Thomas Ravenscroft

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Monument to Ravenscroft at St John the Baptist Church, Chipping Barnet Thomas Ravenscroft 001.jpg
Monument to Ravenscroft at St John the Baptist Church, Chipping Barnet

Thomas Ravenscroft (c.1588 1635) was an English musician, theorist and editor, notable as a composer of rounds and catches, and especially for compiling collections of British folk music. [1]


Little is known of Ravenscroft's early life. He probably sang in the choir of St. Paul's Cathedral from 1594, when a Thomas Raniscroft was listed on the choir rolls and remained there until 1600 under the directorship of Thomas Giles. He received his bachelor's degree in 1605 from Cambridge. [2]

Ravenscroft's principal contributions are his collections of folk music, including catches, rounds, street cries, vendor songs, "freeman's songs" and other anonymous music, in three collections: Pammelia (1609), Deuteromelia or The Second Part of Musicks Melodie (1609) and Melismata (1611), which contains one of the best-known works in his collections, The Three Ravens. Some of the music he compiled has acquired extraordinary fame, though his name is rarely associated with the music; for example "Three Blind Mice" first appears in Deuteromelia. [3] He moved to Bristol where he published a metrical psalter (The Whole Booke of Psalmes) in 1621.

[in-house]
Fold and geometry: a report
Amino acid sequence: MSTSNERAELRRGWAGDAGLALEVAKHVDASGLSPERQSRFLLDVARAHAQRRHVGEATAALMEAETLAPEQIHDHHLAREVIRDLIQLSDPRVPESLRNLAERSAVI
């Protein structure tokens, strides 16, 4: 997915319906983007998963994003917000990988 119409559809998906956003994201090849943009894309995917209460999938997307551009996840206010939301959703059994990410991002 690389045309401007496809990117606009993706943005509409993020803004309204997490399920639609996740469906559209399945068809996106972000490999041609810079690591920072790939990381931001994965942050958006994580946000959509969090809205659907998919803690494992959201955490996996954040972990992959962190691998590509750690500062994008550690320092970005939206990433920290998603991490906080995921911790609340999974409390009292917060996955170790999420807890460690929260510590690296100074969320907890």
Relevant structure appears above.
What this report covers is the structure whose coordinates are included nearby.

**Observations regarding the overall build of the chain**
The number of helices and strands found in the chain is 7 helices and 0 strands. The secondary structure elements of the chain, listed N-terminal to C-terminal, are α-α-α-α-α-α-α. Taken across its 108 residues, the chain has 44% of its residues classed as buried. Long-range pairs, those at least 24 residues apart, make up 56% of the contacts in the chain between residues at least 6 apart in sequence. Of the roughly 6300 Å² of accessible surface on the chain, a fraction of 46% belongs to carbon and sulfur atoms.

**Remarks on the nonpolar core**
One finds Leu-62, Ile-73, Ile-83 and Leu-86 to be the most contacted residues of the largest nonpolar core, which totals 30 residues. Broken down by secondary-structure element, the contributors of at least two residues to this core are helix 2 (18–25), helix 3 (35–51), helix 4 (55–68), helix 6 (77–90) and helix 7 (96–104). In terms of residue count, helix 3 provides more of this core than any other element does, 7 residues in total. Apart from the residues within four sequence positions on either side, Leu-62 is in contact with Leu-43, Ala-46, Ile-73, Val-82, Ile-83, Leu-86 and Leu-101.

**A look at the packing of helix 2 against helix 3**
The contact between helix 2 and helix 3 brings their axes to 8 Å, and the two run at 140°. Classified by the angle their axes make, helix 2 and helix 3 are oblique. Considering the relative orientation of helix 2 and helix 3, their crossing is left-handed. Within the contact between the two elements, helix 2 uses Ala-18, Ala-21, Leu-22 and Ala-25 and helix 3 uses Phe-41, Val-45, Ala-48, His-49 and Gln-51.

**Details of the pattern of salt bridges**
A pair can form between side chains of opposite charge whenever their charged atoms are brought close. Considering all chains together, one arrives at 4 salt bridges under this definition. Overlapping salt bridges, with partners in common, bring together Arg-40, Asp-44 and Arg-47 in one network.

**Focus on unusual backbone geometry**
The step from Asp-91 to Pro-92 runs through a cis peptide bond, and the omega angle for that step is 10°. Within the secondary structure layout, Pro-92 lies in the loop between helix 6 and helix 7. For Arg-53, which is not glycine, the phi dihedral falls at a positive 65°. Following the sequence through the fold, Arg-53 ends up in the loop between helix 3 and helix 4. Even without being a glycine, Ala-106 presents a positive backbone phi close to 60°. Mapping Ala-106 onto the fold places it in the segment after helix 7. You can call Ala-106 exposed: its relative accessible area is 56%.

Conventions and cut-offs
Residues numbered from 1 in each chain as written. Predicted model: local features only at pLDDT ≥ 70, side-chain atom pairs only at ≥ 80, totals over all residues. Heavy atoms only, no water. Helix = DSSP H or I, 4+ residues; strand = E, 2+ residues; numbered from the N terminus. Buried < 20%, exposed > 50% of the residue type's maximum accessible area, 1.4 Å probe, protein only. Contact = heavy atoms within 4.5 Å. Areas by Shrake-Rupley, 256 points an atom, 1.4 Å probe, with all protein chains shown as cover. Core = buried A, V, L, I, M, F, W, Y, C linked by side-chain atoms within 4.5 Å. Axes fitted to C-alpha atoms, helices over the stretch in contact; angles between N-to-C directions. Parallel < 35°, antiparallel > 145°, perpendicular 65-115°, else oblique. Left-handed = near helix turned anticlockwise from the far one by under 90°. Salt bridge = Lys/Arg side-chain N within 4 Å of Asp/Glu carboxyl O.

Ravenscroft: "I Have House and Land in Kent" (1611) on sampled instrumentation

As a composer, his works are mostly forgotten but include 11 anthems, 3 motets for five voices and 4 fantasias for viols.

As a writer, he wrote two treatises on music theory. The Briefe Discourse of the True (but Neglected) Use of Charact'ring the Degrees (London, 1614) includes 20 songs as examples: seven by John Bennet, two by Edward Pearce and the rest by Ravenscroft himself. Of these, the group of dialect songs 'Hodge und Malkyn' from the fifth a final section was nominated by Jeffrey Mark as the earliest example of a song-cycle in English music history. [4] There is also A Treatise of Musick, which remains in manuscript (unpublished).


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  1. Mateer, David. 'Ravenscroft, Thomas' in Grove Music Online (2001)
  2. W. J. Lawrence (October 1924). "Thomas Ravenscroft's Theatrical Associations". The Modern Language Review. 19 (4): 418–423. doi:10.2307/3714755. JSTOR   3714755.
  3. The Oxford Dictionary of Nursery Rhymes (1951)
  4. Mark, Jeffrey. 'Thomas Ravenscroft, B. Mus. (c. 1583-c. 1633)', in The Musical Times, Vol. 65, No. 980 (Oct. 1, 1924), pp. 883-4